ASA 129th Meeting - Washington, DC - 1995 May 30 .. Jun 06

1aSC12. The cocktail party effect in infants.

Peter W. Jusczyk

Rochelle Newman

Dept. of Psych., SUNY at Buffalo, Buffalo, NY 14260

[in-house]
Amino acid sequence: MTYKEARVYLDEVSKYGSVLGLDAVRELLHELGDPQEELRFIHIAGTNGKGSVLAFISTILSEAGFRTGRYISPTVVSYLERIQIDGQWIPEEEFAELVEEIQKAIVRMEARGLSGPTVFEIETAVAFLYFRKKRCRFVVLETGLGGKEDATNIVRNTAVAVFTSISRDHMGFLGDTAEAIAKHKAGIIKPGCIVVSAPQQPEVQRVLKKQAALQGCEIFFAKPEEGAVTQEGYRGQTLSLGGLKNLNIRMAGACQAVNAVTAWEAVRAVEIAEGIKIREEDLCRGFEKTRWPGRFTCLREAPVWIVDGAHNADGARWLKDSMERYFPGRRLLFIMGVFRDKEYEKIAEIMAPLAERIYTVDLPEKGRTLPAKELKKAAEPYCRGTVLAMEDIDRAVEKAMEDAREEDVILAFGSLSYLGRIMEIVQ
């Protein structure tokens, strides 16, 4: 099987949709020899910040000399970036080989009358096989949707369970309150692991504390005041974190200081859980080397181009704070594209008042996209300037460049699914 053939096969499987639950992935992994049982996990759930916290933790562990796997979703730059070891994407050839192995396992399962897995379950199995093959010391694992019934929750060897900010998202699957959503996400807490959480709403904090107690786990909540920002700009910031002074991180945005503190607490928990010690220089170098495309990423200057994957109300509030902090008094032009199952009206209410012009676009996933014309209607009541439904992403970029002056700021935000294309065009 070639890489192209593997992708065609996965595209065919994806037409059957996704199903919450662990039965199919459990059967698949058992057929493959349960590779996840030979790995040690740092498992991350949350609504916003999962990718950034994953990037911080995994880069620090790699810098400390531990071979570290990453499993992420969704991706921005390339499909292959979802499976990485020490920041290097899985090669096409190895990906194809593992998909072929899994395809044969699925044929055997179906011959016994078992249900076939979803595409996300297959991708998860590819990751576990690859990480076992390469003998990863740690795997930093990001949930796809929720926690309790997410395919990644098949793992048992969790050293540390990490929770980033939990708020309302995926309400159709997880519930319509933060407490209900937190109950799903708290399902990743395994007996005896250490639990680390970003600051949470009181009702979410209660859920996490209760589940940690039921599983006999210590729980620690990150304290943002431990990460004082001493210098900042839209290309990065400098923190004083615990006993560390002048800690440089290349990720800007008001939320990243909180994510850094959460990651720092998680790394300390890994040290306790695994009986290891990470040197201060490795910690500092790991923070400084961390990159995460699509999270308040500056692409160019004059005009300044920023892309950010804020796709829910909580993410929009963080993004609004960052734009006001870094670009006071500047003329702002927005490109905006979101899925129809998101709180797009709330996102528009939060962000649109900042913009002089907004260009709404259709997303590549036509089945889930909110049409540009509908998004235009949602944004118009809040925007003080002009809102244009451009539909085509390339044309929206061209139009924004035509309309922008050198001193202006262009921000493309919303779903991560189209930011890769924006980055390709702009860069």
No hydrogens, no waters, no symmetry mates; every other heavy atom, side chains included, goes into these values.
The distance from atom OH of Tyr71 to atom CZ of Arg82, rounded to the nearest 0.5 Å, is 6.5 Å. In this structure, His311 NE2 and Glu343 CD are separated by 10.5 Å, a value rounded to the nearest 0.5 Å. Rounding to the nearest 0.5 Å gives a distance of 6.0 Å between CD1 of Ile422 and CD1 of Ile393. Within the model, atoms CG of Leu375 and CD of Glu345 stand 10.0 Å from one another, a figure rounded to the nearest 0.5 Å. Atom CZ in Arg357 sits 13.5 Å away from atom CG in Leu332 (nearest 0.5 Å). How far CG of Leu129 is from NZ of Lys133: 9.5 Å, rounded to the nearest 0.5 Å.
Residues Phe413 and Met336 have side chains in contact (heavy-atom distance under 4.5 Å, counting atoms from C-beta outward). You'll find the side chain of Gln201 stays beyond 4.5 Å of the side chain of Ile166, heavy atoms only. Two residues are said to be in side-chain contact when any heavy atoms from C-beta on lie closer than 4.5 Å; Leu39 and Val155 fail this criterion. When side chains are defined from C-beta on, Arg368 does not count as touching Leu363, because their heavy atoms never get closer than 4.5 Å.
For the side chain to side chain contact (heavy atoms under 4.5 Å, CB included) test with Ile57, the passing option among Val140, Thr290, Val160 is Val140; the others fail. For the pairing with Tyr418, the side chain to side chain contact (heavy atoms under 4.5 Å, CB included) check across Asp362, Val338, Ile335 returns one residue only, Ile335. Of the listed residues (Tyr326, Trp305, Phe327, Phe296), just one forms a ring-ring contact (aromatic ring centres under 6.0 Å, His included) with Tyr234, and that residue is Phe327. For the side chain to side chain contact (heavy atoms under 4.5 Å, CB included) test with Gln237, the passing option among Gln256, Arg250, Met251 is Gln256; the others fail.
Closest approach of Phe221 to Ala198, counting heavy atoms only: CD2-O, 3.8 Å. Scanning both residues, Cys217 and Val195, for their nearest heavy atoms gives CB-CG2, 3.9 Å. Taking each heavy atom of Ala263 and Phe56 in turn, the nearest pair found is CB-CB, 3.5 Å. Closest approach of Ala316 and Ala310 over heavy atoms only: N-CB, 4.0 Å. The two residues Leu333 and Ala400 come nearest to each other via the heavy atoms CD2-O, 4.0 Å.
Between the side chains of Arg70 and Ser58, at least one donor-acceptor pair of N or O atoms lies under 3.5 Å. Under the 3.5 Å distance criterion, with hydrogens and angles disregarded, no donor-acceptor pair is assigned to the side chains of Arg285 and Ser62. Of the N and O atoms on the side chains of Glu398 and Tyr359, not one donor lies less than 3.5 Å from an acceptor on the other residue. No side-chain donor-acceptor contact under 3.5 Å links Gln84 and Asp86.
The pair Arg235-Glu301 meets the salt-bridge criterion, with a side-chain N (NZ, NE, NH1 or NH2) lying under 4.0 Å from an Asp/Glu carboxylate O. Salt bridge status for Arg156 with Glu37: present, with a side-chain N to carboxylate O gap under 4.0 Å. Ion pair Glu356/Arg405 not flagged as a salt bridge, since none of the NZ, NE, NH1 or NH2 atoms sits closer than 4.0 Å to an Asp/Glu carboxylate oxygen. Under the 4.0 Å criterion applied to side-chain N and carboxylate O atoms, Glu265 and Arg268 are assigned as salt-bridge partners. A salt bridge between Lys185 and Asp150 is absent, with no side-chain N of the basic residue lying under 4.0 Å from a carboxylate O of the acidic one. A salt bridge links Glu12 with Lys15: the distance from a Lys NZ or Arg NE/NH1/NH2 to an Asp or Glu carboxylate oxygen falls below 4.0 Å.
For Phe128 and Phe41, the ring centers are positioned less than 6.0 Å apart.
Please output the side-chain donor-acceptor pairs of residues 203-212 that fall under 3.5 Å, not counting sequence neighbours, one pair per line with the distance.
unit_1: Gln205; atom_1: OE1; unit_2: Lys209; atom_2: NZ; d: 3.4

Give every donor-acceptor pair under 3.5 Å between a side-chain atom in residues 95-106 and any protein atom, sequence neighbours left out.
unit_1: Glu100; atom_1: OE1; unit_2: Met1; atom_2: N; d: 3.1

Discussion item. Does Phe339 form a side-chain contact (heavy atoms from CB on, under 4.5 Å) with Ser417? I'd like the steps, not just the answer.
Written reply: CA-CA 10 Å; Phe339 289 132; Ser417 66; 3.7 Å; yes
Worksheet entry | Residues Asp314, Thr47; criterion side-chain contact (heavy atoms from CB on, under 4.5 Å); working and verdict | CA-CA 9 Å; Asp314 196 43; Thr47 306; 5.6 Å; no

Most research on speech recognition by infants occurs in quiet laboratory rooms with no outside distractions. But the real world may not resemble the laboratory: Much speech directed to infants occurs with competing acoustic signals. To learn language, infants need to follow their care-givers' speech even under less than ideal listening conditions. Infants' abilities to follow a female speaker's voice when a male voice was talking simultaneously were examined. In pilot studies, infants presented with two competing streams of fluent speech showed no evidence of recognizing words spoken by the target voice. In the present study, infants heard a target voice repeating isolated words, while the second voice spoke fluently at either of three different loudness levels. Subsequently, infants heard passages produced by the target voice using either the familiar words, or novel words. Infants listened longer to the familiar words when the target voice was 10 or 5 dB louder, but not when the distractor was equally loud. This suggests that infants could separate the two voices, provided the target voice was at least 5 dB louder. Hence, infants have some capacity to extract information from speech even in the face of competing acoustic signals. [Work supported by NICHD to PWJ and an NSF Graduate Fellowship to RN.]